On 31 July, the Metropolitan Police Service received allegations relating to four separate incidents involving sexual offences and assault, and a man in his fifties was arrested the next day.

His party faced calls to suspend the MP, but Mr Spencer said it was for the police to investigate.

The MP agreed with Sir Lindsay and Mr Spencer at the time not to attend Parliament while his bail continued.

On Monday, the Met announced the MP had now been released under investigation, meaning he is no longer on bail but the inquiry is continuing.

Following the meeting between Sir Lindsay and Mr Spencer, a spokeswoman for the Speaker’s Office said: “Mr Speaker has received assurances from the government chief whip that the Member continues to voluntarily agree not to attend the House of Commons for the foreseeable future.

“The Speaker, the House of Commons Commission and the House service continue to take the safety of staff and the parliamentary community as a whole very seriously.”

The Met’s advice states that officers should complete investigations “during the first period of detention” – usually up to three months – “wherever possible”.

But it “will often be necessary to release suspects without bail, whilst the investigation continues”, it adds.

The need “to protect victims and witnesses, and ensure public safety” must always be a “key consideration”, the advice also says.

Over the summer the Conservative Party said the MP, a former minister, would instead work from home after his colleagues returned to Westminster following the recess.

Covid Sage documents: The scientific evidence and what No 10 then did

Documents have revealed the UK government did not follow the advice given to it by scientists as coronavirus cases began to surge.

The Scientific Advisory Group on Emergencies (Sage) is a committee attended by scientists across a range of fields. While its members may not individually agree, their role is to look at the evidence, work out what it is suggesting, and present an agreed view to the government. It’s then for the politicians to decide what rules to make.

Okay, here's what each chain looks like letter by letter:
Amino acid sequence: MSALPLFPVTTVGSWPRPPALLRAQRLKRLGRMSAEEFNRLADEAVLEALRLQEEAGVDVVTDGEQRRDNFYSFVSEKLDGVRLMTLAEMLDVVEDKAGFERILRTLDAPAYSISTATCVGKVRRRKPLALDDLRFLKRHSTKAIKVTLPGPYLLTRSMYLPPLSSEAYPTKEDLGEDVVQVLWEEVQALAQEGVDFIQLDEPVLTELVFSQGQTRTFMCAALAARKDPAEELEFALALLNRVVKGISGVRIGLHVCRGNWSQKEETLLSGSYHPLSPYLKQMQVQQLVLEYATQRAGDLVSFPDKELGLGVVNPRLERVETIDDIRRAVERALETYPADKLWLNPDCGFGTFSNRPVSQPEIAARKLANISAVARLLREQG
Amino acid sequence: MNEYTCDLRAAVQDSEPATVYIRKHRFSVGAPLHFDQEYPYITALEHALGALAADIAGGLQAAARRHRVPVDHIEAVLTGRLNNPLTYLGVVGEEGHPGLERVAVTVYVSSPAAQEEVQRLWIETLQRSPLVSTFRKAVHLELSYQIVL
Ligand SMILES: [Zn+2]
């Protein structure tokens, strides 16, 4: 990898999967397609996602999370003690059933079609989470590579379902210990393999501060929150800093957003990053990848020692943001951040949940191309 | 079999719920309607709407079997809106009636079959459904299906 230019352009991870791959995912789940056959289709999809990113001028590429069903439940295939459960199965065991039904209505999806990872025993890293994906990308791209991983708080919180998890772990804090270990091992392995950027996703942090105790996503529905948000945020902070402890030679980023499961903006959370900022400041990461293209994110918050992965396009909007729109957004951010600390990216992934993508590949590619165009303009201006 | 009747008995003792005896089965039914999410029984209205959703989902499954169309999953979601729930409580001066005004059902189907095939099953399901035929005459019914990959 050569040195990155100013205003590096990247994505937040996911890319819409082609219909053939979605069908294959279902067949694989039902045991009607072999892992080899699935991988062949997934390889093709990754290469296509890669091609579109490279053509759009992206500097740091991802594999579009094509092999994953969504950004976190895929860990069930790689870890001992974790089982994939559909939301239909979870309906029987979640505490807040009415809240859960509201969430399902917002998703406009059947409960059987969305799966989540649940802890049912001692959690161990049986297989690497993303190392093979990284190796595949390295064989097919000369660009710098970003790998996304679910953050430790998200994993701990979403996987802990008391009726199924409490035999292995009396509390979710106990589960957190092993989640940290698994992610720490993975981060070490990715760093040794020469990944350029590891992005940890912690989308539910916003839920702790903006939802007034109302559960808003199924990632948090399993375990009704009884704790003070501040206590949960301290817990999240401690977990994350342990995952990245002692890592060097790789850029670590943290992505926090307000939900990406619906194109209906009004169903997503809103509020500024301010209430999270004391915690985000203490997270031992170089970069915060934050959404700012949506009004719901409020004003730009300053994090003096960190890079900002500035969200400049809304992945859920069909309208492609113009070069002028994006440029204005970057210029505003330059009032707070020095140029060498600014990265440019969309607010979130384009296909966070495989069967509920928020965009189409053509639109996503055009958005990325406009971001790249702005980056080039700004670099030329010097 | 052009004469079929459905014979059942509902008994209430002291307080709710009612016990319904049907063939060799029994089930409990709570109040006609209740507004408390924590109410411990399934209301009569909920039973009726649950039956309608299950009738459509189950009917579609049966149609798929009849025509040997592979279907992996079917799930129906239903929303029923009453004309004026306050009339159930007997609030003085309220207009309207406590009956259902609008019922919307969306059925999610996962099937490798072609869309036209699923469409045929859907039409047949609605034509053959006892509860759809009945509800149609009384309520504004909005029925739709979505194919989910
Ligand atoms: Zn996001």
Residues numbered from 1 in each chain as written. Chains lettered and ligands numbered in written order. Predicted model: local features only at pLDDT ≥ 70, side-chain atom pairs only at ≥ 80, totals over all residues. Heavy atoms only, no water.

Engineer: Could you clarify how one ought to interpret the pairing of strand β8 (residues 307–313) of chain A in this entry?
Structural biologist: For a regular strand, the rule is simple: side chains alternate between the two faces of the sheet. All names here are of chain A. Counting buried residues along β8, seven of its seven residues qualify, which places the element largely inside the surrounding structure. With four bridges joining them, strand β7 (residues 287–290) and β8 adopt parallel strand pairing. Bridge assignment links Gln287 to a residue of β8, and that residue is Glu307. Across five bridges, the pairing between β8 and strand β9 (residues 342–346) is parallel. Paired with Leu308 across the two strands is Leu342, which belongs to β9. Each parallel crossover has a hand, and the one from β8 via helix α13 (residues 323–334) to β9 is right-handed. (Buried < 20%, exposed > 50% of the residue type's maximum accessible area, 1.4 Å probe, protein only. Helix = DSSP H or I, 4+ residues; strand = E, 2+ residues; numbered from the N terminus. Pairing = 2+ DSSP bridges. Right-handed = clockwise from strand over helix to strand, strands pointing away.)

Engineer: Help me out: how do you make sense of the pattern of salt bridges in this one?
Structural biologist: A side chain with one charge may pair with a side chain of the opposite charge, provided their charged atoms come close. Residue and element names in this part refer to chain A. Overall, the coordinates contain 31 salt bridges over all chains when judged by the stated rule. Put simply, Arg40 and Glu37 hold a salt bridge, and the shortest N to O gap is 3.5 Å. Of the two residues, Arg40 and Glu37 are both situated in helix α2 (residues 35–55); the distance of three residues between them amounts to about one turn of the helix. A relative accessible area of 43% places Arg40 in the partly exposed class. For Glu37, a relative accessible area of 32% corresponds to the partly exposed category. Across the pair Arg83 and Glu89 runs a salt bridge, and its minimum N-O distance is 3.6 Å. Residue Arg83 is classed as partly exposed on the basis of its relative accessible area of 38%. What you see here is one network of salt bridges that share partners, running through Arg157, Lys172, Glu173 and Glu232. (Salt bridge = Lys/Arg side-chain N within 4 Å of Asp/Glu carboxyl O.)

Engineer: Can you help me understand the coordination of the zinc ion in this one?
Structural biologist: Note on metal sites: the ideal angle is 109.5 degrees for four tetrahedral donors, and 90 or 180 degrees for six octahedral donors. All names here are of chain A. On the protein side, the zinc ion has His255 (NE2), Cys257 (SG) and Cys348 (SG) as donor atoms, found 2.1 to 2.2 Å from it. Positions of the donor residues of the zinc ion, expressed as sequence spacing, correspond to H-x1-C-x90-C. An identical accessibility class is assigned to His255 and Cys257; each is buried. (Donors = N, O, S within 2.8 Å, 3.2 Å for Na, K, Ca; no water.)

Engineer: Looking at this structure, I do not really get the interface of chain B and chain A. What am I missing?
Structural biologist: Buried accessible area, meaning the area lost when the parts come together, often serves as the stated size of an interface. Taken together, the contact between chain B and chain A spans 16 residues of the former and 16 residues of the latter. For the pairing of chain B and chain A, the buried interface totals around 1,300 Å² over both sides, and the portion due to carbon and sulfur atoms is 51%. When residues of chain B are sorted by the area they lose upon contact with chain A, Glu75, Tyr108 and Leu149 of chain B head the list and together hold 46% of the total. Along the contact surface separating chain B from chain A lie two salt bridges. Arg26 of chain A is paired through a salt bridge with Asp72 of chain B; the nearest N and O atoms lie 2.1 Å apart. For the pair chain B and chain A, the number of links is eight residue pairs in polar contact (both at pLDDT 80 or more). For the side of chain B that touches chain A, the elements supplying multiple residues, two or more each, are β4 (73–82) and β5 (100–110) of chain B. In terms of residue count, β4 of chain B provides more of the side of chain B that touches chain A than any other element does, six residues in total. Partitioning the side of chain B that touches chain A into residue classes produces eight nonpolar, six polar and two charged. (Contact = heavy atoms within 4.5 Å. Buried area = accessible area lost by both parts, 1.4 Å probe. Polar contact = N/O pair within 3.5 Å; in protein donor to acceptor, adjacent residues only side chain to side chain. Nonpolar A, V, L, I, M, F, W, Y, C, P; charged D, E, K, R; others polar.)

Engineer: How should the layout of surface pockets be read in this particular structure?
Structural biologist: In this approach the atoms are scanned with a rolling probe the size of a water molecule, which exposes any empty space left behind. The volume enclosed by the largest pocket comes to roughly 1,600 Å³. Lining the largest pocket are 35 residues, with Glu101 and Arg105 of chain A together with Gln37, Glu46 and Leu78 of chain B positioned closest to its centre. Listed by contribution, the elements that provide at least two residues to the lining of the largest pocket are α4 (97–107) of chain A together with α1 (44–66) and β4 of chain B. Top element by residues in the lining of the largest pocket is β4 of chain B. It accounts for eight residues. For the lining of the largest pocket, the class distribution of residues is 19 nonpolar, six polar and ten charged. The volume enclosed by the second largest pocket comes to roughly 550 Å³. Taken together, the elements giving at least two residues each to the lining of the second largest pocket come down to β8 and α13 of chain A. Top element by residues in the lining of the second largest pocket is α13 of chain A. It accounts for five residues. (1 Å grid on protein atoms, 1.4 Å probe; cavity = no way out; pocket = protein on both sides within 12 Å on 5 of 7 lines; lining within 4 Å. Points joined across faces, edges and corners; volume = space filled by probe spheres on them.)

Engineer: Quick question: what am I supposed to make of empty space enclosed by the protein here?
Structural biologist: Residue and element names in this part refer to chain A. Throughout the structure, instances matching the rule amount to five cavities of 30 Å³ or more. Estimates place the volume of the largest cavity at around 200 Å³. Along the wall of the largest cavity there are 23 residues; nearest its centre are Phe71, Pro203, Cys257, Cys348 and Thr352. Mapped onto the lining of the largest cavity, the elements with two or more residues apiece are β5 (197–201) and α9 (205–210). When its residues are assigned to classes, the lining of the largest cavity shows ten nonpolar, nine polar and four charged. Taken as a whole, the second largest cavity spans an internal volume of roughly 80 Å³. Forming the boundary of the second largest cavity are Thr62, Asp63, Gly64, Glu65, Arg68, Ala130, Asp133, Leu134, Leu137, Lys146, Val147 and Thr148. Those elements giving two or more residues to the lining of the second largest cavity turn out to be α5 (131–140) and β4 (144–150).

The papers, which date from 21 September, were published on Monday night. They set out in black and white what scientists thought should happen on a number of important topics,

What scientists recommended: They did not go as far as recommending a full lockdown on the scale of the one in the spring. This was also an outcome Prime Minister Boris Johnson has been extremely keen to avoid.

Their evidence said: The information on a full lockdown, including closing non-essential businesses and banning contact between households, was clear: it would have had a big impact on coronavirus cases and deaths. But it would also have had a large knock-on impact – hurting people in other ways, such as their ability to work and socialise.

What happened: The government opted for a three-tier system in England, with household mixing indoors banned only in the areas of highest concern. Businesses will broadly remain open.

What they recommended: Sage said government should consider a short lockdown of two or three weeks, immediately, to bring down the number of cases.

Their evidence said: There were solid grounds to suggest this would have had “similar levels of effectiveness” to that of the national spring lockdown, in turning the tide of the pandemic. But its shorter period would have limited the overall effects – there would almost certainly have been fewer deaths but the line on the graph would look less dramatic. You would also have had to wait until after the restrictions had been lifted to see any benefit, since it takes time for the infections that would have been prevented to translate to lower hospital admissions and deaths.

What happened: This idea was rejected by No 10 in favour of an option that keeps businesses open and household contact going for most of the country, but with the threat that such privileges could be taken away if cases rise. Now Labour leader Keir Starmer has called on the government to think again.

What they recommended: The scientists recommended people be advised to work from home if they could.

Their evidence said: This would have been likely to make a significant dent in transmission as about a third of people’s total contacts are made at work. But this will vary drastically by industry – and how much it would have dented the current transmission depends on how many people currently at work could have done their job from home.

What happened: Those who can are once again being advised to work from home, in a reversal of the government’s drive over summer to encourage more people back to the workplace .

What they recommended: The advisory group said government should consider immediately putting a stop to contact between households, unless they were part of a support bubble.